2nd International Workshop
Background and Goals: This workshop will explore the use of science fiction as a means to motivate and direct research into new technologies and consumer products. It does this by creating science fiction stories grounded in current science and engineering research that are written for the explicit purpose of acting as prototypes for people to explore a wide variety of futures. These ‘prototypes’ can be created by scientists and engineers to stretch their work or by, for example, writers, school children and members of the public to influence the work of researchers. The outcomes of these interactions are then be fed back, to shape the science research and outputs. In this way science fiction prototypes act as a way of involving the widest section of the population in determining the science research agenda, thereby making science investment, and science output more useful to everyone ranging from companies, through scientists and engineers to the public, consumers and the government that indirectly fund R&D. In this way fictional prototypes provide a powerful interdisciplinary tool to enhance the traditional practices of research, design and market research. The goals of the workshop are to act as a catalyst of this new approach by acting as a forum where researchers from differing disciplines (notably science fact and science fiction) can come together to explore how to develop this area.
Participation: You are cordially invited to participate to the workshop either as a presenter or as someone simply wishing to learn more about this topic and, perhaps, join the discussion as a member of the audience. Participation is possible either by attending the workshop in person or via (a limited number of) 'virtual attendees' submitting prerecorded video of their presentation which will be played at the workshop (with a Skype connection to facilitate 'live questions and answers). For presenters (science researchers or writers) we are looking for short imaginative fictional stories (prototypes) of 10-12 pages (for full SFPs) or 4-6 pages (for short SFPs) and, for both cases, a presentation of 20 minutes based on recent scientific publications (fact or fiction), which would act as motivation (or discussion) or how science research might be directed.
The SciFi Prototype Structure: Your Science Fiction Prototypes should be 10-12 pages (for full SFPs) or 4-6 pages (for short SFPs). For full SFPs, they should start with an Introduction (half a page), continue with a 1-2 page section that discusses your published work and how it relates to your story (including references to your publications). Next should be a 9-10 page story that illustrates your vision of the future (and strectches your ideas beyond the 'here & now'), Finally, the fictional stories (prototypes) should conclude with a short summary (half to one page, say) that provides an overall comment (reflection) on your effort to use your fictional prototype as a means to motivate future technology research or product design. References should be included at the end of the paper. For short SFPs, they would be pro-rata smaller mirrors of the above. All fictional stories (prototypes) accepted will be published by IOS Press. The format of the papers should adhere to the IOS publication guidelines.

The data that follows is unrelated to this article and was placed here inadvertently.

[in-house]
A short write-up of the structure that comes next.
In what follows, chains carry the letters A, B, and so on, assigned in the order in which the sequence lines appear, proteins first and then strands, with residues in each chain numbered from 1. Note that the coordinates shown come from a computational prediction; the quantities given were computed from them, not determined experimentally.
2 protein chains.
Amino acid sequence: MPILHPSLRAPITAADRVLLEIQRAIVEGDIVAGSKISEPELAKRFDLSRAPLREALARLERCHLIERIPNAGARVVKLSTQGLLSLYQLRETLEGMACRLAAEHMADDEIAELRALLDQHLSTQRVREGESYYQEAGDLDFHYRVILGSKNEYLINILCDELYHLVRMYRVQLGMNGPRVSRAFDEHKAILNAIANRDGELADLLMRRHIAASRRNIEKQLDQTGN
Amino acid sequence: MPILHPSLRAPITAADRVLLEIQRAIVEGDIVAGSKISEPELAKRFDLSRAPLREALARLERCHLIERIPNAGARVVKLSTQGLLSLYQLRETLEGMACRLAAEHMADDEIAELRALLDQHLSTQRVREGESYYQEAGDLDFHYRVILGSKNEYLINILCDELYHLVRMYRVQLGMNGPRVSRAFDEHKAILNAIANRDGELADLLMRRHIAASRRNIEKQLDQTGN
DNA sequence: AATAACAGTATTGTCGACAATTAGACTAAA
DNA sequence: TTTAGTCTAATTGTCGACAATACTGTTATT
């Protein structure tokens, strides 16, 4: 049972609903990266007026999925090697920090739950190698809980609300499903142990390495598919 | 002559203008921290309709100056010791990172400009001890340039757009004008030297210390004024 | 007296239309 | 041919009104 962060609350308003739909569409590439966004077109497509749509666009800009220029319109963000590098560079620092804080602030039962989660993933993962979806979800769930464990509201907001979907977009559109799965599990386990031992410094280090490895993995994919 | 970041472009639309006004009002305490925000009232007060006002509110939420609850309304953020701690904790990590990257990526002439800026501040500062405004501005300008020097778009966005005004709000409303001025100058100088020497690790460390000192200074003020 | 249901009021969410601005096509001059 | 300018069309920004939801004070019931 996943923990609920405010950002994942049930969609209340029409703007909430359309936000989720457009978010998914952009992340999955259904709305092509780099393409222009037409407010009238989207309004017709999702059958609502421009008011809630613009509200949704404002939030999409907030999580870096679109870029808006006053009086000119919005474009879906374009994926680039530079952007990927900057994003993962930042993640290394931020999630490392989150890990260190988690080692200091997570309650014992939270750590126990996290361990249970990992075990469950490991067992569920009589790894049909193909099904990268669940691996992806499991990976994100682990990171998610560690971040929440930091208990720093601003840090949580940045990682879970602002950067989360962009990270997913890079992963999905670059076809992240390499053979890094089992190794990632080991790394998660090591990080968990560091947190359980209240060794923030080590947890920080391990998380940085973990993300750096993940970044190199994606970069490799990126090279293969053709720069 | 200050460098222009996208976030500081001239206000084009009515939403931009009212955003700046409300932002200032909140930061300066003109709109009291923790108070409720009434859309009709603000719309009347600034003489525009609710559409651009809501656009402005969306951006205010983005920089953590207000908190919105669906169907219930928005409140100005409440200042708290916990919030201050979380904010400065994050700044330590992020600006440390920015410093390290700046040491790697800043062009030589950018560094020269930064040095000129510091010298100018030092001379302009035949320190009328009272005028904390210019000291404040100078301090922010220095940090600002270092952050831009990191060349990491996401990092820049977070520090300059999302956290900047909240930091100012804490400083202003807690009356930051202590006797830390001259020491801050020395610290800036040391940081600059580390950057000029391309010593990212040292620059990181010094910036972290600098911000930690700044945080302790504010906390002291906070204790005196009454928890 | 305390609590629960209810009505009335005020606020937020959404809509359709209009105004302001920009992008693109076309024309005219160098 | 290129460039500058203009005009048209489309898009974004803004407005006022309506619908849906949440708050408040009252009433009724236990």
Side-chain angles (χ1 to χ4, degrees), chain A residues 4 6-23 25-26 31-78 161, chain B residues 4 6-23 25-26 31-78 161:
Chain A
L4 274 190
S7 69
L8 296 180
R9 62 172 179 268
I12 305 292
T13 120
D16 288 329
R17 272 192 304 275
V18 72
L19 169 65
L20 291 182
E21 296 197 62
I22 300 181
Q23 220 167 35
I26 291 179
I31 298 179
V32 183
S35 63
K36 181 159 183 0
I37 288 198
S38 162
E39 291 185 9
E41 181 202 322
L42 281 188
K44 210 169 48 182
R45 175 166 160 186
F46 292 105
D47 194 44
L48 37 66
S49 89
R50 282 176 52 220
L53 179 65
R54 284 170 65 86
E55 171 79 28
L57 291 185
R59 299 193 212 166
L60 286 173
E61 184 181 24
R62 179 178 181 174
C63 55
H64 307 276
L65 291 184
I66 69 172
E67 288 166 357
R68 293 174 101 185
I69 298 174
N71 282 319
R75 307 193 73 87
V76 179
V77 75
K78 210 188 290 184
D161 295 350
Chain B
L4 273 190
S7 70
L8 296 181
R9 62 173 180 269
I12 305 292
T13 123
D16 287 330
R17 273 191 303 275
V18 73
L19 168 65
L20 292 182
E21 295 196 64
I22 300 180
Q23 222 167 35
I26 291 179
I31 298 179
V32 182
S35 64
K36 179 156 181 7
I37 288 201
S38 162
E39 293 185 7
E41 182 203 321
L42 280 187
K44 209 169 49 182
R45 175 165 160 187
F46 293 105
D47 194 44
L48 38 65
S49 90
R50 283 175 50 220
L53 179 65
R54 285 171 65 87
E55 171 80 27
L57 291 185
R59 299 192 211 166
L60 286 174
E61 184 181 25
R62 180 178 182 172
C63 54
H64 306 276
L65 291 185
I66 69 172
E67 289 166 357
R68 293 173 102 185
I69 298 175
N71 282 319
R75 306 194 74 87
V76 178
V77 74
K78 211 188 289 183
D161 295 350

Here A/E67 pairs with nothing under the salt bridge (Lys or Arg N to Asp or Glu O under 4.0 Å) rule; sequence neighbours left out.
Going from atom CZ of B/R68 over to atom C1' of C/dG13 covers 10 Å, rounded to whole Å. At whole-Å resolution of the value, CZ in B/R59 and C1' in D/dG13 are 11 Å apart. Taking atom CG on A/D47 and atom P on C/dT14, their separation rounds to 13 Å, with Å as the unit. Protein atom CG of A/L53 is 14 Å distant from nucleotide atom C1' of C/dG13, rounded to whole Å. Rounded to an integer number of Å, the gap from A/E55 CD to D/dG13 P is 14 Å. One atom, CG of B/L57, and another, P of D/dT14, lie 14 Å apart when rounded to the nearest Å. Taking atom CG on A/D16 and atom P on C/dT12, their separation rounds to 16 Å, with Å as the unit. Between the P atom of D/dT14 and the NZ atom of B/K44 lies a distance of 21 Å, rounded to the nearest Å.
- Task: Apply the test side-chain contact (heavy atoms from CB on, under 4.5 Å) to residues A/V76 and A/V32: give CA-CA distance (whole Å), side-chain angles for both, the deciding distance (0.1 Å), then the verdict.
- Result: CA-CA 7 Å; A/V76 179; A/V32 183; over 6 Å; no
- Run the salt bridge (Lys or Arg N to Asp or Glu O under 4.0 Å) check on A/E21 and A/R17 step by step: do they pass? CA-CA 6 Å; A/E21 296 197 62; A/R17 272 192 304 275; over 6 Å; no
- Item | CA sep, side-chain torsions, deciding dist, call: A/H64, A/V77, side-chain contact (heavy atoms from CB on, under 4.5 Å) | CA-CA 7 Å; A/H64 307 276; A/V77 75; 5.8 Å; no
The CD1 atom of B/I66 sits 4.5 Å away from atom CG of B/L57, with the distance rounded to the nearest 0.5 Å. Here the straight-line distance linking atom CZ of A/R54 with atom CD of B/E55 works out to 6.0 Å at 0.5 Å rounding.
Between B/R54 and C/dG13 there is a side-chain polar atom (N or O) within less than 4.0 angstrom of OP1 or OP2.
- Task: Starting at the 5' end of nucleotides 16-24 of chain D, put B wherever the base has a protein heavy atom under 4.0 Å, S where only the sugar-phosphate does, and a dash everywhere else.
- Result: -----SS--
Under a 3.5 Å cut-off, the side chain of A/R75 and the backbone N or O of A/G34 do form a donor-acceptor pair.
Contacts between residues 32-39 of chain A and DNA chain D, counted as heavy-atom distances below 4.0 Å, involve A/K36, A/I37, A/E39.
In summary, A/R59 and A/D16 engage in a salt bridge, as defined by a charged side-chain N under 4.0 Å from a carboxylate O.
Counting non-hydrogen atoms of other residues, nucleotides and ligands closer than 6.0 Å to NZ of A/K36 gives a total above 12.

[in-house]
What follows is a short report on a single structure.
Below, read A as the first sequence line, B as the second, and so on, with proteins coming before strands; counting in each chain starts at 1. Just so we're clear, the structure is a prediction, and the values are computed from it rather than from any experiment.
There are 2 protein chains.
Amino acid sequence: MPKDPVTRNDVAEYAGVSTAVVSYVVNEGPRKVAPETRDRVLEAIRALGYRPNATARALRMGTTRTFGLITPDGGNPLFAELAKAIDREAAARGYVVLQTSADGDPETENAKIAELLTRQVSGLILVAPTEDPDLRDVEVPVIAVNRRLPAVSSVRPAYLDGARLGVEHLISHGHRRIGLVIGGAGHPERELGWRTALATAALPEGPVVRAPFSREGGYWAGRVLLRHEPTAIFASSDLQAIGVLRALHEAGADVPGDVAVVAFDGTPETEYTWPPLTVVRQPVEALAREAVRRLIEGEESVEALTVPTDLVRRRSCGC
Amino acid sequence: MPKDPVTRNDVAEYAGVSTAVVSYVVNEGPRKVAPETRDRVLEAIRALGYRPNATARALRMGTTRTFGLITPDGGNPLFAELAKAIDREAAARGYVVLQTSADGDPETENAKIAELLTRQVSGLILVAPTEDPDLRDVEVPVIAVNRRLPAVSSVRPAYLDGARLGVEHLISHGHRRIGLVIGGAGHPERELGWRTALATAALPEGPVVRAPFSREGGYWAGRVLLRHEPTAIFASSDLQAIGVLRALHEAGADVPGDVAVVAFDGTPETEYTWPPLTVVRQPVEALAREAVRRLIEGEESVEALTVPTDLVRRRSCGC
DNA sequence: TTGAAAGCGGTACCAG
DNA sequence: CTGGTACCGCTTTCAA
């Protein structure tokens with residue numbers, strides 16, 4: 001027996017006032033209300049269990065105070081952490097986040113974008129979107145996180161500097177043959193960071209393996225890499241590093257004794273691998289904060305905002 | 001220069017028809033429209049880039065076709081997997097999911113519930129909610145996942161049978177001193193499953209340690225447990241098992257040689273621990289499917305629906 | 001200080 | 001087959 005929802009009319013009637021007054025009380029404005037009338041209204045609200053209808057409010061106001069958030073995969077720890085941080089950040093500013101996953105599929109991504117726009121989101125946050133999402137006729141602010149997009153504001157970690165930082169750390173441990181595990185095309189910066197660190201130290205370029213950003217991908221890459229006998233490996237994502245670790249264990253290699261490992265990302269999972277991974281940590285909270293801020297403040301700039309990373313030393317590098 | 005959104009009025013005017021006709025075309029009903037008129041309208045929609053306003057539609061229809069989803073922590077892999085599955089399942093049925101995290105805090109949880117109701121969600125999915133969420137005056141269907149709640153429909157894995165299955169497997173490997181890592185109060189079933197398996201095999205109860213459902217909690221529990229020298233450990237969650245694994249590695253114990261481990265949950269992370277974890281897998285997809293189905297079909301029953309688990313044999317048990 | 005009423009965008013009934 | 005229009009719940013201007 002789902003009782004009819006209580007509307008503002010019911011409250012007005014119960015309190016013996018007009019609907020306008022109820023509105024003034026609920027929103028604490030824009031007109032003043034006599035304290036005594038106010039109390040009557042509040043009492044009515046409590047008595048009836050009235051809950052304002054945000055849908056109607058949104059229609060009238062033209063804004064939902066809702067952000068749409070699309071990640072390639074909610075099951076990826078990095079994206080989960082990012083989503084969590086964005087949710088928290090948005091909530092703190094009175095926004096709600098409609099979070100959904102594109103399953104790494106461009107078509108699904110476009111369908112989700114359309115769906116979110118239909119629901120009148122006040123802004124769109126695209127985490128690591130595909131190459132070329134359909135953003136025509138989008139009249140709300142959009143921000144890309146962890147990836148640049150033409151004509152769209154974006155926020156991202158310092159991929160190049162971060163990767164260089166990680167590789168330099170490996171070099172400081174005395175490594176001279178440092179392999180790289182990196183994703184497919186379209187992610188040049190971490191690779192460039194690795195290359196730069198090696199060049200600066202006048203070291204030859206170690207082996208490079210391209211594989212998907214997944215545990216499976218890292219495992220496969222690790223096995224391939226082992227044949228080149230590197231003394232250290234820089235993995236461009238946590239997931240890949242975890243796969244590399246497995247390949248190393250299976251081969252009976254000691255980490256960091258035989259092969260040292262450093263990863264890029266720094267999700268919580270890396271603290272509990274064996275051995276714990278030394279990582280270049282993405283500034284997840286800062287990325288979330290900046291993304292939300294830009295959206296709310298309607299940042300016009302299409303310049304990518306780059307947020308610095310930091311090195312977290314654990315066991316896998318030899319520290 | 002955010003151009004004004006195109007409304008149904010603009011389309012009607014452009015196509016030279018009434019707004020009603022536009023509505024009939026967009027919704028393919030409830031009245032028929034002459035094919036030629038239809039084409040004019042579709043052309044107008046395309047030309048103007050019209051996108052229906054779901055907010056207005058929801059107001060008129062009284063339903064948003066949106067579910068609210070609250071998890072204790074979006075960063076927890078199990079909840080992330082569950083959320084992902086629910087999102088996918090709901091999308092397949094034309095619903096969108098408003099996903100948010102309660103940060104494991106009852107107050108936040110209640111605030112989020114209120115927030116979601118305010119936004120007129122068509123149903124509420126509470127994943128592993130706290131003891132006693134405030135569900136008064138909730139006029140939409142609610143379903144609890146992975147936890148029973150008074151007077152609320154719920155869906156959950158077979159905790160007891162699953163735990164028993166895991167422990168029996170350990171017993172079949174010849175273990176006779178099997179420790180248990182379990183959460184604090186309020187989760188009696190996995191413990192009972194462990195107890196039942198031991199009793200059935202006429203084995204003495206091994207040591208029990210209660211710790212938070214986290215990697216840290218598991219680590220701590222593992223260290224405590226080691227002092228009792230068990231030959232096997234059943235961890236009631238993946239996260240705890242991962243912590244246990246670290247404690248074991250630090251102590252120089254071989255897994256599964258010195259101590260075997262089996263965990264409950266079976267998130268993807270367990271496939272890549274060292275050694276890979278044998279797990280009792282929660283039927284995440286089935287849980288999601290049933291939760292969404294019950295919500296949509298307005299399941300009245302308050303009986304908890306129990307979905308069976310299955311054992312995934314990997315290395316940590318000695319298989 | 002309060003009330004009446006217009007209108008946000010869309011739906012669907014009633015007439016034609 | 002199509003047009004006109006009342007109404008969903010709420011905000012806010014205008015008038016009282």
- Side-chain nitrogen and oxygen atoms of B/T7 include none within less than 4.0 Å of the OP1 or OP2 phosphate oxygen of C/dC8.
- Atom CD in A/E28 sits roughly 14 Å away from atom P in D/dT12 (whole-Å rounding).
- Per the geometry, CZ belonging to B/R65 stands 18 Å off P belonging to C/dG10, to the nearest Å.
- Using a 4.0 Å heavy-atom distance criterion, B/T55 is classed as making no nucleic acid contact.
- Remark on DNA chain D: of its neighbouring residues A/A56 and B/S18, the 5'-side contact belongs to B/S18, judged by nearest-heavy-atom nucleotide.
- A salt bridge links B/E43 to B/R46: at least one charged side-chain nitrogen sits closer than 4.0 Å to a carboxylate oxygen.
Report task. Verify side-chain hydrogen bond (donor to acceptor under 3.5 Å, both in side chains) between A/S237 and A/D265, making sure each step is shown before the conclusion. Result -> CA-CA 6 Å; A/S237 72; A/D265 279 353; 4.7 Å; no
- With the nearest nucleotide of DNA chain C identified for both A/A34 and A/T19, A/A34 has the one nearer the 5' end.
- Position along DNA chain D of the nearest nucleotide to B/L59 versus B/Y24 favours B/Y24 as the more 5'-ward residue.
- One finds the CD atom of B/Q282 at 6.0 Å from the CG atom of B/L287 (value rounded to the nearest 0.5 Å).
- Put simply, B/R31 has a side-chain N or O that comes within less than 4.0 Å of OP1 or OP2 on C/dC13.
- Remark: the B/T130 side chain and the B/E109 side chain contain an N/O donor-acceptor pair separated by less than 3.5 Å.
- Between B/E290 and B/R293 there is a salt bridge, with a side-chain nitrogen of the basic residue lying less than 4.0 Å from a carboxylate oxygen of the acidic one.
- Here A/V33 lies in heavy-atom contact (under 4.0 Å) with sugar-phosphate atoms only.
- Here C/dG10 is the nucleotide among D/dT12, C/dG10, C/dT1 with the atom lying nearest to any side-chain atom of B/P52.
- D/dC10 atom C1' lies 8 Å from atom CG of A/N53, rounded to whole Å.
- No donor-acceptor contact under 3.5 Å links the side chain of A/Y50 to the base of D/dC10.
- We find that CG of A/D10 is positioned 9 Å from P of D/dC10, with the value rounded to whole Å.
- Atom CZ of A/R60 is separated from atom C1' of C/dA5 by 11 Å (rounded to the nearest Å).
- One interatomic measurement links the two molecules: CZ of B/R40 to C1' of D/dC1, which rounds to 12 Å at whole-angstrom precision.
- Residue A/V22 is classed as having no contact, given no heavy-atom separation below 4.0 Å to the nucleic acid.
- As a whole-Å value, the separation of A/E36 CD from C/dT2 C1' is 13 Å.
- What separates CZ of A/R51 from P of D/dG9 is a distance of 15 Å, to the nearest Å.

Submission: Fictional stories (prototypes)be submitted via the CS'11 workshop submission system (Note: on your first use of the submission system, you will need to create an account by pressing the "sign up" button and the bottom right of the login window). Any pre-recorded videos should be submitted as part of the submission of 'camera ready' material in the final stages (after the review of your written SciFi Prototype).
Publication: All papers accepted in the workshop program will be published in printed form together with the other workshops of the IE'11 conference as a volume of the Ambient Intelligence and Smart Environments Series (ISI indexed) of IOS Press and electronically available through ACM Digital Library.
Workshop Structure: The workshop will comprise a single day event and will include:
- Presentations (papers) from science and engineering researchers on their own scientific papers/projects depicting how they foresee their research might impact future worlds.
- Presentations from science fiction writers depicting aspects of their stories that they feel would be feasible and useful for scientists to try to implement.
- A panel led discussion, with the audience.
The Venue: CS’11 will run in conjunction with IE’11 at Nottingham in the heart of England and a popular tourist destination attracting an estimated 1.3 million visitors annually. Many visitors are attracted by Nottingham's nightlife, its history, the legend of Robin Hood, Sherwood Forest and popular history-based tourist attractions including Nottingham Castle. More details are given on the IE11 web pages. The workshop will take place in the Nottingham Conference Centre, Nottingham Trent University (Newton Building), Burton Street, Nottingham , NG1 4BU,UK. A map and diections can be found here.
Accommodation : a map and details of hotels is available here
- Paper submission:28th March 2011
(via the CS'11 paper story submission system)
- Notification of acceptance: 25th April 2011
- Paper final submission (with revisions): 9th May 2011
- Early Bird Registration deadline (cheap rates): 18th May 2011
- Before 18th May 2011
- Regular Participant or Presenter (all non-students) = £144
- Student Participant or Presenter = £120
- After 18th May 2011
- All categories = £180.00
Sign-up using the Nottingham Trent University online registration system
If you can help us publicize this workshop, please download and display the CS’11 Poster (designed by Xiaoxia Zheng - firstname.lastname@example.org).